Recently Charlie Spies the former election law counsel for the RNC and now leader of Clark Hill’s national political law practice set forth the IRS’s new guidance for tax-exempt advocacy groups.
The following is some of what he advises:
In general, 501(c)(4) organizations are legally permitted to engage in unlimited public issue advocacy, and legislative advocacy and lobbying, if these activities are related to the group's exempt purpose.
However, the law limits a 501(c)(4)'s ability to engage in political activity on behalf of, or in opposition, to candidates for public office, as political activities are not permissible as an organization's "primary purpose."
The exact percentage of permissible political activity, interpreted by many to be less than 50 percent of the organization's total activity, remained a key legal question.
In their report, the IRS establishes a new voluntary fast-tracked process for organizations that have had pending applications for more than 120 days as of May 28, 2013.
The process allows such organizations to qualify under Section 501(c)(4) through self-certification, provided that they operate within specific thresholds of social welfare and political activities.
This is the first time the IRS has provided such specific, percentage-based safe harbors for 501(c)(4) organizations.
The new IRS proposal promises approval of tax-exempt status within two weeks for those applicants that have been pending for more than 120 days and are able to certify that they have and will spend less than 40 percent of their annual expenditures and total staff time on political activities, thus devoting 60 percent or more of their spending and time on activities that promote social welfare.
In contrast to court decisions which have varied in their evaluation of the percentage of activity necessary to maintain an organization's primary purpose, this new guidance by the IRS, for the first time, establishes an administrative 60/40 threshold for determining whether an organization is primarily engaged in social welfare activity.
The new guidance stems from recent scandals where the IRS Exempt Organizations Division subjected a number of politically active organizations applying for 501(c)(4) tax-exempt status to additional, detailed scrutiny during the application process. This, coupled with the IRS receiving 3,357 applications for 501(c)(4) status last year, resulted in a backlog of current applications.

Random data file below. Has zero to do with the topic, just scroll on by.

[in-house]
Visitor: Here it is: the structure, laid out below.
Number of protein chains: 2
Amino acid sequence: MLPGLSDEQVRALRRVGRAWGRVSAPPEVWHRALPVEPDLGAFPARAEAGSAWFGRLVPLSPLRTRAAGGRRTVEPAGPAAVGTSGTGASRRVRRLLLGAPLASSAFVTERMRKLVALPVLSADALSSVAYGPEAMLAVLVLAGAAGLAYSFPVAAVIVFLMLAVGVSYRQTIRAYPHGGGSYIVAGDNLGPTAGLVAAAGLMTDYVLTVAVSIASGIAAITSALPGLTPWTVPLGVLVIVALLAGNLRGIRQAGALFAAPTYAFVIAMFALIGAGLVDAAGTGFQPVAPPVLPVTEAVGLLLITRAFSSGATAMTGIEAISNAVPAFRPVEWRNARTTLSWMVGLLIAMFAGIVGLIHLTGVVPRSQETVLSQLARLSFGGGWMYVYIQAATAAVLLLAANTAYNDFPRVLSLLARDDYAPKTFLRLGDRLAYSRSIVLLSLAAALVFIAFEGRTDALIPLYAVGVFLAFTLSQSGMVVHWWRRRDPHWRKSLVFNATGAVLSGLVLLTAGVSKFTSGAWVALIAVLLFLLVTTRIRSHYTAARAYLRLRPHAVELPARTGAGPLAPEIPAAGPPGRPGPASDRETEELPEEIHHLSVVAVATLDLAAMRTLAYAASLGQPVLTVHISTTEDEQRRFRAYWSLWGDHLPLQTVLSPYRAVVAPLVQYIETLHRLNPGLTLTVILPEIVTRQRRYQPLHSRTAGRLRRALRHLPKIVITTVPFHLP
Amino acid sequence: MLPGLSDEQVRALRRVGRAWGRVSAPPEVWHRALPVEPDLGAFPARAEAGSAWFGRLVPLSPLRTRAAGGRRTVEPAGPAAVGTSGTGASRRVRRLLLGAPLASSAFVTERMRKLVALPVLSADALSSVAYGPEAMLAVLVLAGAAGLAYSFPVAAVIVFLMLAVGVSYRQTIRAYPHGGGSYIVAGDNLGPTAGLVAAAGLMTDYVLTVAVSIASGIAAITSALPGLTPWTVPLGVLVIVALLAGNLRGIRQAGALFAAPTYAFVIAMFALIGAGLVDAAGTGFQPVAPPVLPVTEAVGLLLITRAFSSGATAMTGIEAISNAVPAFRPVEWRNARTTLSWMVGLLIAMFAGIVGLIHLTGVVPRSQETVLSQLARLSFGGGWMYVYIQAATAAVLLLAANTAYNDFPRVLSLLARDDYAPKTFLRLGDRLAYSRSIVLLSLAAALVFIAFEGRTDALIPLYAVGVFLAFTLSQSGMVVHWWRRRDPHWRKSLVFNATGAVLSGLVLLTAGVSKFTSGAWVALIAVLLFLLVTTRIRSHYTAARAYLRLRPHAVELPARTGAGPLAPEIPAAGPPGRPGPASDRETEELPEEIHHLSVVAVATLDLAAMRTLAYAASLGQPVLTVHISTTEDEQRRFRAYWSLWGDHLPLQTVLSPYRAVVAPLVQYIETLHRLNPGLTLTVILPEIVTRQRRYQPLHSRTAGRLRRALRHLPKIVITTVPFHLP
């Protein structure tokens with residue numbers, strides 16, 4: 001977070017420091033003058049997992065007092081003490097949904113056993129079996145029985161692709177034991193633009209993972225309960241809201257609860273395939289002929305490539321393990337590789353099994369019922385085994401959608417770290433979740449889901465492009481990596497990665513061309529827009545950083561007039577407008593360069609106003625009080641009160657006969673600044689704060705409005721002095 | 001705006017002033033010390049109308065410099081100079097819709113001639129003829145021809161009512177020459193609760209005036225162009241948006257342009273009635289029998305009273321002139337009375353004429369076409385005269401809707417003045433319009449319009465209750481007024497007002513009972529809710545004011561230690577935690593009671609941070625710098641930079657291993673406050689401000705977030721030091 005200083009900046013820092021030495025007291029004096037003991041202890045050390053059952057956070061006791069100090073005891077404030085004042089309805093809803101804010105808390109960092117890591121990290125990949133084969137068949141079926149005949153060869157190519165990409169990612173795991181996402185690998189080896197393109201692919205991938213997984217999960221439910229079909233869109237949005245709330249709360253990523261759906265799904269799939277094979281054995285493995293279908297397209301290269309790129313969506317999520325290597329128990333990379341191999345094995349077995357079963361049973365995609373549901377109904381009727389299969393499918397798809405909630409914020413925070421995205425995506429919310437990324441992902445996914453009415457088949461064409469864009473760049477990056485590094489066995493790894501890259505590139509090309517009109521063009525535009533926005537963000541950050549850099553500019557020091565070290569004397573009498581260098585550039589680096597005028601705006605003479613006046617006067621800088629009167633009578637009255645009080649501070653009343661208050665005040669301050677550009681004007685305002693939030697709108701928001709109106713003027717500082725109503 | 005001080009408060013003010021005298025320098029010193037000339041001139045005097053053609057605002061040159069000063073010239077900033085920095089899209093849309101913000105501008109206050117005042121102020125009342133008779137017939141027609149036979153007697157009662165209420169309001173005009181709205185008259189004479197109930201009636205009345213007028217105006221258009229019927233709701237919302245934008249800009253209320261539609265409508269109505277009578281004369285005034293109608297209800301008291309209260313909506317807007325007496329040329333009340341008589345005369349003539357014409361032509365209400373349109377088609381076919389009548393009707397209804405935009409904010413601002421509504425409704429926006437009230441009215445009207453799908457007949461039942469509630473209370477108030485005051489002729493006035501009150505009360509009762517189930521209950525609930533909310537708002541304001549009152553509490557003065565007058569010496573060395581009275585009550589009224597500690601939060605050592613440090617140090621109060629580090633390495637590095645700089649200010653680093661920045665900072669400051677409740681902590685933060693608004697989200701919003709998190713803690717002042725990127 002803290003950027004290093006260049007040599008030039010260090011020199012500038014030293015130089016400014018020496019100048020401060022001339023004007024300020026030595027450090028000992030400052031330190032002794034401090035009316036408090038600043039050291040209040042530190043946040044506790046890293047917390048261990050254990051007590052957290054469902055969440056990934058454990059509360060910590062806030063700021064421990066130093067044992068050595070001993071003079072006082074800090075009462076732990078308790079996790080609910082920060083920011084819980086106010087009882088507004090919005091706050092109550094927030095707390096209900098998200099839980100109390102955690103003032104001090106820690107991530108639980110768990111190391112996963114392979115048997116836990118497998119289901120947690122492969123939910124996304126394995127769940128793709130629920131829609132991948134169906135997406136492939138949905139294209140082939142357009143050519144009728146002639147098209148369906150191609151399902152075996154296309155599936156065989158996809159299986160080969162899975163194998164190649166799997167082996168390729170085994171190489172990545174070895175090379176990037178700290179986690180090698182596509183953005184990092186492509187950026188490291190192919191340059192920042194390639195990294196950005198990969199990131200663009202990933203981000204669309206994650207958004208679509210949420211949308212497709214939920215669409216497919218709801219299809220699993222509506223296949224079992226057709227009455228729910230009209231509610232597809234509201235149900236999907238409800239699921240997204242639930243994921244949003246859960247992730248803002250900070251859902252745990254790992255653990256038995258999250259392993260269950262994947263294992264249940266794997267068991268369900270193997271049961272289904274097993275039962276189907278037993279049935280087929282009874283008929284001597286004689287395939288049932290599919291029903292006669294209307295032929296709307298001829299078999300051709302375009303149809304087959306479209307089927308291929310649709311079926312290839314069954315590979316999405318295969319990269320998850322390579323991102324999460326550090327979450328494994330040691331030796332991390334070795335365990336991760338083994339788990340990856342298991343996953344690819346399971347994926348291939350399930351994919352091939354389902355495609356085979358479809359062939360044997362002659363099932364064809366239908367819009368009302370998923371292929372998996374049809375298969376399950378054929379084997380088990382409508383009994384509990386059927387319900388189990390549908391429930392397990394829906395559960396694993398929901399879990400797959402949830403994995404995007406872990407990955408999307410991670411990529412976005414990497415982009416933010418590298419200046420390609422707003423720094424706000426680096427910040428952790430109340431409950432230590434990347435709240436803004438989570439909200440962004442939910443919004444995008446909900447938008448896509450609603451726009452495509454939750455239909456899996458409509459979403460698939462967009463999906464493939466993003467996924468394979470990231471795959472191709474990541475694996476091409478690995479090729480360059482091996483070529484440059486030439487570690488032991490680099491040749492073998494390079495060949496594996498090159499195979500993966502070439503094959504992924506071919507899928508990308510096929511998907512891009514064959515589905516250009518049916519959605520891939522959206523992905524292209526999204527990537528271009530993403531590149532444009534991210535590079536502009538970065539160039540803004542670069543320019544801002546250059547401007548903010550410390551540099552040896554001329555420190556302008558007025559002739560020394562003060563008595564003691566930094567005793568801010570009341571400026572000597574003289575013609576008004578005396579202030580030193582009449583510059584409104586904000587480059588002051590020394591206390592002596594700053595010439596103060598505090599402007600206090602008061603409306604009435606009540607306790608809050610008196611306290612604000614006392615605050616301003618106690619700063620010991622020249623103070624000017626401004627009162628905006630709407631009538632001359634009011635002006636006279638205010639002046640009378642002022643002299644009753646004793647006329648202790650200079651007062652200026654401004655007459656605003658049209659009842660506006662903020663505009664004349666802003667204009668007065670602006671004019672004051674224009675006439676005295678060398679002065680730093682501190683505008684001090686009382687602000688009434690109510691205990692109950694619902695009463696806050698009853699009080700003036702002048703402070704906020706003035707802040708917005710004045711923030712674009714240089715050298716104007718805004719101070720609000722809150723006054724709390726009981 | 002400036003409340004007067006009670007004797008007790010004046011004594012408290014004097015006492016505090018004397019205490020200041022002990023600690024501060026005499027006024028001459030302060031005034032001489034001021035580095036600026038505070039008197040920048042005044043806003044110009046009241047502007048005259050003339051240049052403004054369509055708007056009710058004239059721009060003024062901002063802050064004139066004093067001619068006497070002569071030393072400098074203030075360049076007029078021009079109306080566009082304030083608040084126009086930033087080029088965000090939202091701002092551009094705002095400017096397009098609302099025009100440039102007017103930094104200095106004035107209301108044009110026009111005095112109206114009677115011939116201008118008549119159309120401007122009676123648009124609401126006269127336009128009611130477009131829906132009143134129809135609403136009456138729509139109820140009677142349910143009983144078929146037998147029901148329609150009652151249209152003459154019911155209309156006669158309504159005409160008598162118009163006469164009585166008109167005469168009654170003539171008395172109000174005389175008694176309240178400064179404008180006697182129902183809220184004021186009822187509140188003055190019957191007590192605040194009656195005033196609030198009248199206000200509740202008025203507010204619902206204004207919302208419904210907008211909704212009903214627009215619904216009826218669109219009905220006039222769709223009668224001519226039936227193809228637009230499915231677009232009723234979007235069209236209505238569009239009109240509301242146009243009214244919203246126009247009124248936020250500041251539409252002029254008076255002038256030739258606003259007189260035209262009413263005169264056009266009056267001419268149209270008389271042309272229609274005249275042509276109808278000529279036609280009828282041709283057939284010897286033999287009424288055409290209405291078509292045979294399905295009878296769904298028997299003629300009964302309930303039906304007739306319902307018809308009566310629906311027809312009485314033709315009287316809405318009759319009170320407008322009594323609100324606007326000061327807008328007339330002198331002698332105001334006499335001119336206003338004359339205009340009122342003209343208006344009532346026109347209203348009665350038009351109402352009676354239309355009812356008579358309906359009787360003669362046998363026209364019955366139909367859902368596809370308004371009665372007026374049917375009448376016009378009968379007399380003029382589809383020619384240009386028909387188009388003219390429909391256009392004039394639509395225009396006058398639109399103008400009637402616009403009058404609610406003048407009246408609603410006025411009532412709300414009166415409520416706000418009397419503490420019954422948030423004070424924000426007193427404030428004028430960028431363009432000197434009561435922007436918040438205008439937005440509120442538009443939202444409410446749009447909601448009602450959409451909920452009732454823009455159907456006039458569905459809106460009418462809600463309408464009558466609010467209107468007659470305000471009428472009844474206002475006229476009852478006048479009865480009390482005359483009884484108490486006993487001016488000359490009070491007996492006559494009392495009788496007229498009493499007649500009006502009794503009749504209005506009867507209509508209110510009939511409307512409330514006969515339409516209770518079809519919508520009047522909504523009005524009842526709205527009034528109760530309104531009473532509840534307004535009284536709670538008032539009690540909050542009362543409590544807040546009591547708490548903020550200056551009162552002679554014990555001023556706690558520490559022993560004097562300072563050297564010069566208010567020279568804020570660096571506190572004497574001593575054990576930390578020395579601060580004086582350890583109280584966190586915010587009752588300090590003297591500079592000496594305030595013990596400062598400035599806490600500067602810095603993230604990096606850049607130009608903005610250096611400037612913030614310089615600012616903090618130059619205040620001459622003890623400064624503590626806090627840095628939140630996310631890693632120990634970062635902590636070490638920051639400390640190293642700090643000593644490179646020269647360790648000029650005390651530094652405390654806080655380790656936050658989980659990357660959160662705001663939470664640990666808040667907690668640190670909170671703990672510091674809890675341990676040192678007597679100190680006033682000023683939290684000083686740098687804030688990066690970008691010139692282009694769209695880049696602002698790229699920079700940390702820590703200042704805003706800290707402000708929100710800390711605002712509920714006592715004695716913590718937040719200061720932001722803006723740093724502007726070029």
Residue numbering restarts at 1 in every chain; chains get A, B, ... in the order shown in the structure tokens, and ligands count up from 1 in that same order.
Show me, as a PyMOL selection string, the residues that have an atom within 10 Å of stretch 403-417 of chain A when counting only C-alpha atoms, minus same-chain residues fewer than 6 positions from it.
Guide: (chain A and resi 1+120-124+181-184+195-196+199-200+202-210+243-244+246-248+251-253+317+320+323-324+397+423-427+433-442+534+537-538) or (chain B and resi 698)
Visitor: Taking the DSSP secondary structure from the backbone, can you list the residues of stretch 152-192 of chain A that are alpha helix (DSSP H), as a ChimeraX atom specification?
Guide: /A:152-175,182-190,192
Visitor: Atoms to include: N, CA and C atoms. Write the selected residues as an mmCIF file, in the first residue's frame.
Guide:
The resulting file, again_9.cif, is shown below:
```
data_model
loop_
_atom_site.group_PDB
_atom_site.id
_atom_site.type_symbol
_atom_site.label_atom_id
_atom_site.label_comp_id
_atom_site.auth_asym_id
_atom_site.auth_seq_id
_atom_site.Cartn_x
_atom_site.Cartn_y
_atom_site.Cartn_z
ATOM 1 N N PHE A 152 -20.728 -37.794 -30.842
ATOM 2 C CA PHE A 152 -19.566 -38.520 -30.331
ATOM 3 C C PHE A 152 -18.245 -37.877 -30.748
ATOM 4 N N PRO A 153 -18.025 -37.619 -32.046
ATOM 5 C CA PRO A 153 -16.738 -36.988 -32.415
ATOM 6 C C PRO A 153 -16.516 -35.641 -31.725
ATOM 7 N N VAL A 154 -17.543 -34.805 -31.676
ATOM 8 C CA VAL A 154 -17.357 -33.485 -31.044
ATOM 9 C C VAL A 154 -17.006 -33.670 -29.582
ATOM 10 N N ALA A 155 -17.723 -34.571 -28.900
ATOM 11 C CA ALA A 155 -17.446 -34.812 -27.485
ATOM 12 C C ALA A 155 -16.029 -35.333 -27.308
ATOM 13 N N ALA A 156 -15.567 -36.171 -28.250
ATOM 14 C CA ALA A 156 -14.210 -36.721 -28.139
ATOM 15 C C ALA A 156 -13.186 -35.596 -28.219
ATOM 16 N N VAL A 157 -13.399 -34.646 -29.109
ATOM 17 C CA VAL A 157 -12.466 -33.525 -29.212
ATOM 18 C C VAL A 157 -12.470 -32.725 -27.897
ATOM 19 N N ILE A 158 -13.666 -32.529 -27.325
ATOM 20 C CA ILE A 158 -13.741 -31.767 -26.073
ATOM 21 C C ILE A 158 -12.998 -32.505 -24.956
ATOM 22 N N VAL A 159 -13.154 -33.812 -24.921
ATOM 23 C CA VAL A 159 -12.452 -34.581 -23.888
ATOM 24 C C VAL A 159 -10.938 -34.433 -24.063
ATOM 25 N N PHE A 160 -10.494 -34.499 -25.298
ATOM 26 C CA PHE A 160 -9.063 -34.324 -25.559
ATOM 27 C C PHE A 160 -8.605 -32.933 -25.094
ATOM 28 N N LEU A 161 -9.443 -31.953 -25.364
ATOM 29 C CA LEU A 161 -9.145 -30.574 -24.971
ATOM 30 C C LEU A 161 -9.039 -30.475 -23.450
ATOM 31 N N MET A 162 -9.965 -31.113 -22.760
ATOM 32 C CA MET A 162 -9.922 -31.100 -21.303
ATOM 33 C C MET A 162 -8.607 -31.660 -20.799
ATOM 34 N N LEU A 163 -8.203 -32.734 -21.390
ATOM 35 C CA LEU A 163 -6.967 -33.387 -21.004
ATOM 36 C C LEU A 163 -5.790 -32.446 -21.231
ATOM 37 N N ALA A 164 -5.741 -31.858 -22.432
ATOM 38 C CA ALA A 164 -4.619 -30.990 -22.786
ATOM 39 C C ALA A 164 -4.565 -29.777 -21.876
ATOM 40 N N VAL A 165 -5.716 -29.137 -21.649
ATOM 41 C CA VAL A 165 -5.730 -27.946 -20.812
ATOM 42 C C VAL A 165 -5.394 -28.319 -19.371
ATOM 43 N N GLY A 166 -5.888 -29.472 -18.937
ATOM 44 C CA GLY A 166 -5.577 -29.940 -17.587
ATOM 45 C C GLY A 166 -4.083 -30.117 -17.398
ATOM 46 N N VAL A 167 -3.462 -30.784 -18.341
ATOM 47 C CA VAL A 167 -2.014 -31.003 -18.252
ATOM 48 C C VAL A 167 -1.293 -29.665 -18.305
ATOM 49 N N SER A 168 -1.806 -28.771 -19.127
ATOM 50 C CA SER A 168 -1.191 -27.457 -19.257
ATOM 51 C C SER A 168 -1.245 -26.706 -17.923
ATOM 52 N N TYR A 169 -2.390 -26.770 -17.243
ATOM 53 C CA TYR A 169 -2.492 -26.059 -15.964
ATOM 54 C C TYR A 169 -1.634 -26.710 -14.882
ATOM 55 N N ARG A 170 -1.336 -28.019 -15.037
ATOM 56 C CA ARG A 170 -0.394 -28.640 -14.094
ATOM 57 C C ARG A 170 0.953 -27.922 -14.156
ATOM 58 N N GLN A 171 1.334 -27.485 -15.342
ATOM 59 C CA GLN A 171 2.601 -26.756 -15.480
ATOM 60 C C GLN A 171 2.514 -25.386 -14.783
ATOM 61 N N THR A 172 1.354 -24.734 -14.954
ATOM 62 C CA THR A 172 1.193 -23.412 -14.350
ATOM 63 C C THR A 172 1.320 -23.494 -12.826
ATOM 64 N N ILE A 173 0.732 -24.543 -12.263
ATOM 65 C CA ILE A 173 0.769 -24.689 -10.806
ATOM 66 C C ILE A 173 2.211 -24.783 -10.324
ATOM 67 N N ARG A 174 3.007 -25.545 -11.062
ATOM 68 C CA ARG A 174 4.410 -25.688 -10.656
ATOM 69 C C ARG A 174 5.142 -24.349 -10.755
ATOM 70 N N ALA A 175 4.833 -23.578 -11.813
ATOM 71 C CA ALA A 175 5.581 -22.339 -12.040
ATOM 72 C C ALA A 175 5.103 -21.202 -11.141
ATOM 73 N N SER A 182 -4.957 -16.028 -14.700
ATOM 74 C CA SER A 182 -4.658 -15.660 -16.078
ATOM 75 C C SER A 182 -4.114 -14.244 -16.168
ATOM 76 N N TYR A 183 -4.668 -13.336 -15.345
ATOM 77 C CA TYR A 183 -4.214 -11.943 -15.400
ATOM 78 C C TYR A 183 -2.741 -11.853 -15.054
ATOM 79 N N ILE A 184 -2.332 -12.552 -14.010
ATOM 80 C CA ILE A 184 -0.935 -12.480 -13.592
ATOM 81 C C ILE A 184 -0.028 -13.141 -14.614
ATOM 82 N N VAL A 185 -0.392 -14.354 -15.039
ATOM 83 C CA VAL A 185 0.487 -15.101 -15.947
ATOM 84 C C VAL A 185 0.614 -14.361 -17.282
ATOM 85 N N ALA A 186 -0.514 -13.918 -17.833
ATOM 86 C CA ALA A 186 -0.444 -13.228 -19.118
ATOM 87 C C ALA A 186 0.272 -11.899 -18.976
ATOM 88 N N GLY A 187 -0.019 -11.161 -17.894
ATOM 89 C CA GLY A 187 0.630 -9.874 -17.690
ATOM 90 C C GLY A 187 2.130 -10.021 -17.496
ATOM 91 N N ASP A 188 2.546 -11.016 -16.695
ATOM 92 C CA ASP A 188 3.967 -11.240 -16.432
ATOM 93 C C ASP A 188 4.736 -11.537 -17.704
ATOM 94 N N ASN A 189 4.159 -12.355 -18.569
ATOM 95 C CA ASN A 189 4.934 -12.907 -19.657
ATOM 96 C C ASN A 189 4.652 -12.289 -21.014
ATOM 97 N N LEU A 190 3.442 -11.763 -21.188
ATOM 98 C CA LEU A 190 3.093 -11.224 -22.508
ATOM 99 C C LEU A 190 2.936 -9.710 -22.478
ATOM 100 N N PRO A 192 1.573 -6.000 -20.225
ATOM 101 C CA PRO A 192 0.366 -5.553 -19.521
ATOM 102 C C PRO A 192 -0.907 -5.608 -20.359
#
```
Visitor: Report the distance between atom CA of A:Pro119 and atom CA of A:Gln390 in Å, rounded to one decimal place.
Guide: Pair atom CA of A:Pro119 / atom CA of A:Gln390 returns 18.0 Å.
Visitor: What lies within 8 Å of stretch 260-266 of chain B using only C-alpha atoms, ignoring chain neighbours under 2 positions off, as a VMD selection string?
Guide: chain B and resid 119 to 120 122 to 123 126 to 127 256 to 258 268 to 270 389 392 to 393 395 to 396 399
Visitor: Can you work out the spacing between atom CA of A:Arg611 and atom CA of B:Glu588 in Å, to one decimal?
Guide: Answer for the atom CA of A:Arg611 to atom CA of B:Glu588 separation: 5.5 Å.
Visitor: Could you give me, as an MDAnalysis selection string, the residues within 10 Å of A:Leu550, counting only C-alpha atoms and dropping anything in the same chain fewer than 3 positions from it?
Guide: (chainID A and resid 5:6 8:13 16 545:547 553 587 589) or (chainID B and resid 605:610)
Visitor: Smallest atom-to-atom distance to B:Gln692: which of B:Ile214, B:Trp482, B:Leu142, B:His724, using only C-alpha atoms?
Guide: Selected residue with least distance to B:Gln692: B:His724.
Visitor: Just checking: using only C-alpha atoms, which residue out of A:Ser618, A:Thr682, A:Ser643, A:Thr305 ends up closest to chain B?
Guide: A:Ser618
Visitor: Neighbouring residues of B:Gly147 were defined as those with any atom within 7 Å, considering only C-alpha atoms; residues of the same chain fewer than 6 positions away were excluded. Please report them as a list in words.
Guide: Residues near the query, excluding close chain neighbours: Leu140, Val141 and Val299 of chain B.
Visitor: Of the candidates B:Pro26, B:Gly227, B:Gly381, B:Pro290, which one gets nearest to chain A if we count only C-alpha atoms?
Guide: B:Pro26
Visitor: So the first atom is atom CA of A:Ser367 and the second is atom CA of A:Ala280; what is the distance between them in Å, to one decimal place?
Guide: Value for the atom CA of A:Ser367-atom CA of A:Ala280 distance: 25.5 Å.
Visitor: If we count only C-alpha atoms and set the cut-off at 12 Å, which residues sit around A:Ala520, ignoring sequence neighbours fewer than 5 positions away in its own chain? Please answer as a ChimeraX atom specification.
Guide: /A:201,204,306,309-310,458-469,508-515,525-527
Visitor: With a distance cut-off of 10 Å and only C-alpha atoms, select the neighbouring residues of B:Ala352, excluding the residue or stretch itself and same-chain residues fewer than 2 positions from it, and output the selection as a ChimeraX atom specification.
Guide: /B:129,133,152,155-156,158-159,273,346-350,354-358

The IRS investigates case-by-case each advocacy group using a variety of facts and circumstances to determine whether the organization is engaging in political activity.
Reportedly, some advocacy groups have been awaiting their determination for nearly three years. In response, the leadership at the IRS proposed this "Streamlined Approval Process for the Priority Backlog."
For any group contemplating application for 501 (c)(4) status it is important to recognize that the new guidance issued by the IRS does not alter current statutory language requiring that a 501(c)(4) has as its "primary purpose" social welfare activities.
It remains to be seen whether the IRS will offer additional guidance on what percentage of a 501(c)(4)'s activities may be political for those organizations whose applications have not been pending for more than 120 days and cannot seek expedited processing, as well as whether this administrative threshold is challenged in federal court.
This recent guidance does, however, provide insight into how the IRS currently interprets and implements the law's "primary purpose" language. It also gives the IRS an opportunity to unwind the backlog of applications for organizations that have been awaiting their determination.
Advocacy organizations that have had their applications for exemption pending before the IRS for more than 120 days should seek experienced political law counsel to assist them in applying for expedited processing.
The IRS in attempting to right a wrong should be under strict scrutiny and oversight by Congress, the Justice Department and third-party watchdogs to insure that these “new” rules are not honored in the breach.
So much of the determination of whether a 501 (c)(4) is valid is still up to fact, practice and opinion by IRS officials. And therein still lies the potential for further abuses.
If anything, perhaps the IRS scandal proves that it is time for legislative reforms for not-for-profit advocacy and campaign finance reforms.
One thing is for sure, reforms if any, need to be taken by Congress and not by a federal agency like the IRS.
Bradley A. Blakeman served as deputy assistant to President George W. Bush from 2001-04. He is currently a professor of Politics and Public Policy at Georgetown University and a frequent contributor to Fox News Opinion. Read more reports from Bradley Blakeman — Click Here Now.
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